Be yourself at work
Equality and diversity mean something at NCHA. We're a diverse bunch of people – some of us are parents, grandparents or carers for older relatives. We have fostered children, and adopted them. Some of us have disabilities, or health conditions that shape the way we work. Some of us are gay, straight, lesbian, bisexual – and anything in between. We are young (and less young!), we speak many languages – from English and Polish to British Sign Language and Gujarati. We have beliefs, identities and backgrounds from all over the spectrum – but we all work together to make good things happen for our customers.
Our panel of Diversity Champions and allies work to progress and monitor our objectives and commitment to all things related to equality, diversity and inclusion.
"You have to see it to be it"
We've produced a booklet that showcases some of the amazing people who work at NCHA, in the hope of inspiring future leaders, particularly those who represent diversity: see it to be it.
Our diversity champions each represent a different aspect of the way equality and diversity is integral to the NCHA way of life.
Julie, Senior Regulation Officer
Diversity Champion for disability
I am a single working mum to a little boy. He is handsome, charming and energetic. He has multiple disabilities and attends many medical appointments and therapies. Despite this he is enjoying life, has lots of friends and I am very proud of his achievements and progress.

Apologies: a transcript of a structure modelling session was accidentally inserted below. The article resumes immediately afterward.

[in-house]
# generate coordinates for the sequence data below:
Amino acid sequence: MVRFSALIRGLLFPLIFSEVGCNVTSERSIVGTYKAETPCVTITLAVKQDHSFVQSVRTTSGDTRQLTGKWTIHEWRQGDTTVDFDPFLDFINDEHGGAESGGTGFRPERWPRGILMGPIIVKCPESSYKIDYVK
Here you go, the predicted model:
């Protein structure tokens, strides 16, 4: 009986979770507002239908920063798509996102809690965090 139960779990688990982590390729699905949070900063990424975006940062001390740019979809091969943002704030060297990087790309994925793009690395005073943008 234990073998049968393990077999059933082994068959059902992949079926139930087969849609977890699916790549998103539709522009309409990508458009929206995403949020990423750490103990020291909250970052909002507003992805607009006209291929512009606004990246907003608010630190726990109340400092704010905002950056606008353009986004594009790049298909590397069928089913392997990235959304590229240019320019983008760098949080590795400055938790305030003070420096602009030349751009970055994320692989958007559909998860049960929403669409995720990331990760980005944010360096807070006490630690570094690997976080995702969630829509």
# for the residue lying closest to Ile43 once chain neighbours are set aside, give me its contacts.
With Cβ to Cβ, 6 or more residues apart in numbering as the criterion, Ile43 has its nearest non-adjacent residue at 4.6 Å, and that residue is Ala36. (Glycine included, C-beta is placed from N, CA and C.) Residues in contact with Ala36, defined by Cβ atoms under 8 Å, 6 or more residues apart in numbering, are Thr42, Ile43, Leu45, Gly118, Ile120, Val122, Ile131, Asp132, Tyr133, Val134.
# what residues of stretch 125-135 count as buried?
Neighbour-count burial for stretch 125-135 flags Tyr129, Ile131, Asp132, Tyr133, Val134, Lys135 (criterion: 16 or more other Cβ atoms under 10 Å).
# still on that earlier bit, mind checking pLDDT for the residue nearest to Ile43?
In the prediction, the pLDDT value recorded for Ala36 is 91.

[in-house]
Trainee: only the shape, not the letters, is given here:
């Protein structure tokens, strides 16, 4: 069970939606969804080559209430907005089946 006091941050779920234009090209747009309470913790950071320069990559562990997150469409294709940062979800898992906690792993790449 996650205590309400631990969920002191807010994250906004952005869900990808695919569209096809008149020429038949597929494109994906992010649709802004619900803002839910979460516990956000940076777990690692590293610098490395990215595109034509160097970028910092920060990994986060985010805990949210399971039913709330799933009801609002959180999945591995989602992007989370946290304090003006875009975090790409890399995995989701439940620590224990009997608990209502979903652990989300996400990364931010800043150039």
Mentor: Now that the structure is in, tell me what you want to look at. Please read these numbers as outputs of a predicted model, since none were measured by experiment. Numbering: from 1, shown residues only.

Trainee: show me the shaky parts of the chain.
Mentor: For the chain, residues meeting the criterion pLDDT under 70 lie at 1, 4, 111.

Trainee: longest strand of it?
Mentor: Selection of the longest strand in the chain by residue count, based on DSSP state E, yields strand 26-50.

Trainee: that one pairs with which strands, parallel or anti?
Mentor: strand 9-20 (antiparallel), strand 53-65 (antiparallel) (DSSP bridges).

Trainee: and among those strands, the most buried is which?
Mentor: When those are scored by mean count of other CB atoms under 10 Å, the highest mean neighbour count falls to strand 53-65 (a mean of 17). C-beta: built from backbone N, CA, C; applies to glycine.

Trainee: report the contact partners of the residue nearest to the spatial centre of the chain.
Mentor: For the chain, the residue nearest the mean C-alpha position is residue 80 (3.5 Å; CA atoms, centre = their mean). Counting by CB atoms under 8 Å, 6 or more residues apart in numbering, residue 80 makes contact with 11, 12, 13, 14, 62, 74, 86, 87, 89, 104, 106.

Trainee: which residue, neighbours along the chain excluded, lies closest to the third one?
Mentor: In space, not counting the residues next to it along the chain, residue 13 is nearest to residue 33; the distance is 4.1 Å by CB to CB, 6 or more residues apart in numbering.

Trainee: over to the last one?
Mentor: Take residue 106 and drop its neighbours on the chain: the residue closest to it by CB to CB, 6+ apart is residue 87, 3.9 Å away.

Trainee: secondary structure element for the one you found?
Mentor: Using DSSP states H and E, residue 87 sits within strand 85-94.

Stu, Project Manager
Diversity Champion for mental health
Since the age of 17 I have lived with a diagnosis of clinical depression. For many years my illness consumed me and defined who I was, but with the help from the right services and with NCHA taking a chance on me, I have been able to reach where I am today. My illness has had a huge impact on forming the person I am today, but I no longer let it define me. If you challenge the stigma around mental health you are one of the brave ones and help so many people without even realising it.
Molly, Support Worker
Diversity Champion for BME colleagues
Living as a young black woman I have had the pleasure of gaining first-hand experiences and understanding of growing up being a part of the BME community. While I feel privileged and proud to come from a mixed and cultural heritage, I can both appreciate and relate to experiences of discrimination. I believe it is so important to ensure that prejudice attitudes are challenged head on whilst also taking the time to widen people’s knowledge and perspective surrounding all diversity issues. By being active in promoting awareness and by lending a voice to those who are not able to speak up for themselves NCHA can make sure that every employee and service user feels happy, safe and comfortable.